“Politics are many things to many people,” writes William Peart in his Capitoliazations column in the Jackson Daily News in 1963, “To some, they’re fully serious – a way of life, to phrase it tiredly. To others, they’re a part time circus – intriguing, of course, but comical, too.”

The circus aspect of elections - particularly thinking of Democrat Hillary Clinton and Republican Donald Trump running for President of the United States – got me thinking about Robert F. “Blowtorch” Mason, a welder from Magee who ran for the Democratic nomination for governor in Mississippi in 1959 and 1963. Blowtorch was the subject of that particular column by Peart.

Peart writes, “Mason says he believes in a free press. ‘Up there in Washington,’ he says, ‘They’re turning out the money on those free presses. And that’s good. Let’em keep turning some of that free press money to Mississippi. Elect me your governor and I’ll see that we get it. If Kennedy has got it to give away, then elect me – because I’ll get along with him and see that he gives some to Mississippi.’”

Blowtorch enjoyed making speeches. Neither of his gubernatorial campaigns was a particularly serious effort to win. He explained his motivation to the Jackson Exchange Club meeting at the King Edward Hotel, “Every two or three years I save up enough money either to take a big trip or do this. This time I left the decision to my wife, and she decided I should run for governor…summertime is a good time to take time off and go politickin.”

He didn’t shy away from looking at fiscal or social issues.

To keep the Mississippi treasury full, he explained his solution: “The government takes Mississippi pulpwood to make paper to print money on, so, when we run out of money we’ll just chop down another tree and send it to them.”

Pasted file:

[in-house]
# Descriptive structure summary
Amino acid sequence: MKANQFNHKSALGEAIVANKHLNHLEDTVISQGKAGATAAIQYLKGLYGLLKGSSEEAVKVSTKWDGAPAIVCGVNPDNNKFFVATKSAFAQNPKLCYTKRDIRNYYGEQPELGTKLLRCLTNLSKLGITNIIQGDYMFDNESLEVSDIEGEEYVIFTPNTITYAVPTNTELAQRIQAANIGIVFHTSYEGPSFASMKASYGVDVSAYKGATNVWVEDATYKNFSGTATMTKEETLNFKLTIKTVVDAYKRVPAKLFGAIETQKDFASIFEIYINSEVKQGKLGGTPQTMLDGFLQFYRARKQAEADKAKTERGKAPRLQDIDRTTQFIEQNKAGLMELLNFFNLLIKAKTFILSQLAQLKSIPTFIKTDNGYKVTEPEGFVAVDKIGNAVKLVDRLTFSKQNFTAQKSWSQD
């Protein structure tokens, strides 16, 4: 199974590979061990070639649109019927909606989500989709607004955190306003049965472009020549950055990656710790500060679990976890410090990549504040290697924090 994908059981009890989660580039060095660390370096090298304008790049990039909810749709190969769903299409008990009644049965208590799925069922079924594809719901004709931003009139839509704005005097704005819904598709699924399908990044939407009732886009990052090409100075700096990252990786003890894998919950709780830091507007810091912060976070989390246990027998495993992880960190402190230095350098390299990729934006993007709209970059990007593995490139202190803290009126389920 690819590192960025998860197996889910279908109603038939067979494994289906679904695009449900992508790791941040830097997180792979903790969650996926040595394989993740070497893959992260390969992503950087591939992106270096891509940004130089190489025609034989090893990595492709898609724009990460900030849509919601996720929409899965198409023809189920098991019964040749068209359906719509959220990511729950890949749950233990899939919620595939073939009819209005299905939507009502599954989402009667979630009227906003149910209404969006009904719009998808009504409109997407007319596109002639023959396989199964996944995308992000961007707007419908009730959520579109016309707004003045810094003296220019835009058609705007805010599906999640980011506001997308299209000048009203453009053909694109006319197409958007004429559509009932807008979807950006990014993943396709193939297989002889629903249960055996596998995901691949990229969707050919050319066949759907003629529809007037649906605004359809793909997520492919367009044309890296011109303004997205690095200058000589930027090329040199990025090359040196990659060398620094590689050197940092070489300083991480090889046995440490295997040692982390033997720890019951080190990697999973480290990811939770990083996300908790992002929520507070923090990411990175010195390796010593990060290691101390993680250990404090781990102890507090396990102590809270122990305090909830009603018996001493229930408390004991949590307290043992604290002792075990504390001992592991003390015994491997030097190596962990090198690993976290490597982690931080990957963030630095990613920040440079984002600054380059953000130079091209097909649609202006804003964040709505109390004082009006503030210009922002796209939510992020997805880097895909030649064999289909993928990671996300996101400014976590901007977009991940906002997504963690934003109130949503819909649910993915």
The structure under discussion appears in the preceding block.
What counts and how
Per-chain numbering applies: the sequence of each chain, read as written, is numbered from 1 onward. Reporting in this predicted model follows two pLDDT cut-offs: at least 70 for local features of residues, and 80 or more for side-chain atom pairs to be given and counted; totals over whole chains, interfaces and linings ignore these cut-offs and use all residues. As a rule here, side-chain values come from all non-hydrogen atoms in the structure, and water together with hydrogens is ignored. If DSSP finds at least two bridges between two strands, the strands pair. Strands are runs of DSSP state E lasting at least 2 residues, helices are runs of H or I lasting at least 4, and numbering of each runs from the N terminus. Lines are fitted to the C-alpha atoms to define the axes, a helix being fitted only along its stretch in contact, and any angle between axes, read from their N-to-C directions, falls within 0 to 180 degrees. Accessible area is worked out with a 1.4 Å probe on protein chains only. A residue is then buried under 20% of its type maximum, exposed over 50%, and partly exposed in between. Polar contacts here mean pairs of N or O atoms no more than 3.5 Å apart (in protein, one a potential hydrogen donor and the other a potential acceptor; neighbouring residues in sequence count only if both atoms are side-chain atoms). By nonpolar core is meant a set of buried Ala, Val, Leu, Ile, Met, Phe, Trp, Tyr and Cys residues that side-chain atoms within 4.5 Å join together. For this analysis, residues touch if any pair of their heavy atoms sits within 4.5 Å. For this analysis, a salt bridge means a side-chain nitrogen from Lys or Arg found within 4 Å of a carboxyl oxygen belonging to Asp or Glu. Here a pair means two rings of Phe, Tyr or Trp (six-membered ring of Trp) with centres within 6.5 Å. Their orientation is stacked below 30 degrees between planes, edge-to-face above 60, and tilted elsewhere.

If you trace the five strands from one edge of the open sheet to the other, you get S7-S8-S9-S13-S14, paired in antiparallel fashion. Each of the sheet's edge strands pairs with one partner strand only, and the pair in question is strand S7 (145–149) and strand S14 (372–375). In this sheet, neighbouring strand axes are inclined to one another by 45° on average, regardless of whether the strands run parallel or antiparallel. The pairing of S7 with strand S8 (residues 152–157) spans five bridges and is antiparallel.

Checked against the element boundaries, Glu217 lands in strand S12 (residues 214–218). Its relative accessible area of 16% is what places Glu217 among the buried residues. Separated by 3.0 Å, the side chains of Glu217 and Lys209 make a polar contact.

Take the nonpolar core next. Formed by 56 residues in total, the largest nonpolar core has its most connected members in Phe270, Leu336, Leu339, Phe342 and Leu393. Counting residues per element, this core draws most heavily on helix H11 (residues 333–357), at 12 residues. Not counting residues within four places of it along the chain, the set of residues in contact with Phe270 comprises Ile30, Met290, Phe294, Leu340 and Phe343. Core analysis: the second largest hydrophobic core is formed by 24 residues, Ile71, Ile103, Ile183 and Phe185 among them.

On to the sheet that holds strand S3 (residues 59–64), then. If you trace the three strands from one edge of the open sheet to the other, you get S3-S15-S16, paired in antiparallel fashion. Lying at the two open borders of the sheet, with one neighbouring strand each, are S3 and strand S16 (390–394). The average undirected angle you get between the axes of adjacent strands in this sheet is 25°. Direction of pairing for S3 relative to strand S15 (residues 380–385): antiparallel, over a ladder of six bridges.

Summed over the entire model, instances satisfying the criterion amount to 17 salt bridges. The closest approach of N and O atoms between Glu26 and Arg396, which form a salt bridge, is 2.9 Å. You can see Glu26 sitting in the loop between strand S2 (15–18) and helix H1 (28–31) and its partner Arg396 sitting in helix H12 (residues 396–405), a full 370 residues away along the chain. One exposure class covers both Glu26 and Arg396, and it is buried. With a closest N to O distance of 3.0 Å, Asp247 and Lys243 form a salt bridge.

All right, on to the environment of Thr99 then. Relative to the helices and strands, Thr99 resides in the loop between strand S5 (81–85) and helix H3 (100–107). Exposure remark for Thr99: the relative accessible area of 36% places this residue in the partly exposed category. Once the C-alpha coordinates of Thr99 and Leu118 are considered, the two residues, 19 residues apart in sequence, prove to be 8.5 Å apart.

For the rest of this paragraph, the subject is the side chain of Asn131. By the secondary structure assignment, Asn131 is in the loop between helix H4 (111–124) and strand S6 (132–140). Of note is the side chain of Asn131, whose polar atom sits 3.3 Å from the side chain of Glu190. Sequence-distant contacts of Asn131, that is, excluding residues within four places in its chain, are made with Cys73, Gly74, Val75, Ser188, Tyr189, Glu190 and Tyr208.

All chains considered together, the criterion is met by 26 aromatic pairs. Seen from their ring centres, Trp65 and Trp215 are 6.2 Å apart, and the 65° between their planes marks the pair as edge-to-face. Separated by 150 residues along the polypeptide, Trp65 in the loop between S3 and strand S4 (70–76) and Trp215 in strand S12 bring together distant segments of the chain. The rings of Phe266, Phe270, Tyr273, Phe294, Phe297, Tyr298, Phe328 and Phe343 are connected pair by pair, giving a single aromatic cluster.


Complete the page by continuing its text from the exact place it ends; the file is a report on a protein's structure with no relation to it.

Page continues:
He promised to exempt preachers from paying income tax and wanted to equalize teacher pay to the same level as surrounding states. When it came to infrastructure he said he wouldn’t interfere with the State Highway Commission, “I’m just going to get them the money when they ask for it. When they say ‘here’s another grant we can get,’ I’m going to get it for them.”

During his 1959 campaign, Blowtorch, campaigning at Sturgis said, “[Charlie Sullivan] wants to legalize whiskey, then vote it out. I believe that legalized whiskey and houses of prostitution go hand in hand. They say as long as a Mississippian can stagger to the polls, I’m going to vote prohibition. Let’s hope we don’t get so drunk that we can’t stagger to the polls.”

Blowtorch said his platform was “taken from the King James version of the Bible and the U.S. Constitution.” But like his contemporaries, he campaigned on a commitment to white supremacy and segregation.

Blowtorch received 2724 in the Democratic Primary in 1959 and 3257 votes in 1963. In between those two gubernatorial runs, Blowtorch corresponded with reporters from his vacations including a trip to New England and Canada: his way of beefing up his foreign policy credentials. He also encountered a bit of legal trouble. In 1961, Blowtorch was taken to jail for pulling a gun on his relatives. The Justice of the Peace ordered Blowtorch to post a $1,000 peace bond but he refused and went to jail. A UPI report says his sons told officers that Blowtorch drew his weapon “while opposing their plans to take his wife to a doctor, officers said. They said he wanted to wait until she could be treated by his doctor, who is ill.”

Blowtorch didn’t run in 1967, to the disappointment of many in the press who enjoyed his antics. Charles M. Hills recounts a visit by Blowtorch in his 1961 Clarion Ledger column, “Affairs of State.” Hills writes Blowtorch visited the newspaper office and was “bearing a newspaper wrapped gift that was obviously a gallon jar. Aghast, we waxed outwardly appreciative, while inwardly cringing in the thought -’Has he actually violated the maw of our good Christian daily with a jug of moonlit corn-squeezin’s?’ When Blowtorch departed, we raced with jug from sanctum, only to be relieved by the sight of a gallon of honey in the comb. To this day, we harbor sweet memories of one candidate for governor.”

And Jimmy Ward writes in his 1963 “Covering the Crossroads” column, “With the deadline for qualifying passed, the political wars may now begin in full fury in Mississippi. During a recent visit to the office, Mr. Robert (Blowtorch) Mason, the Magee welder, solicited our help in his campaign. All right, Bro. Mason. You furnish the blow and we’ll tote the torch.”

Blowtorch would have been right at home campaigning to Make Mississippi Great Again, or stumping that Mississippi would be Stronger Together.





Brian Perry is a columnist for the Madison County Journal and a partner with Capstone Public Affairs, LLC. Reach him at reasonablyright@brianperry.ms or @CapstonePerry on Twitter.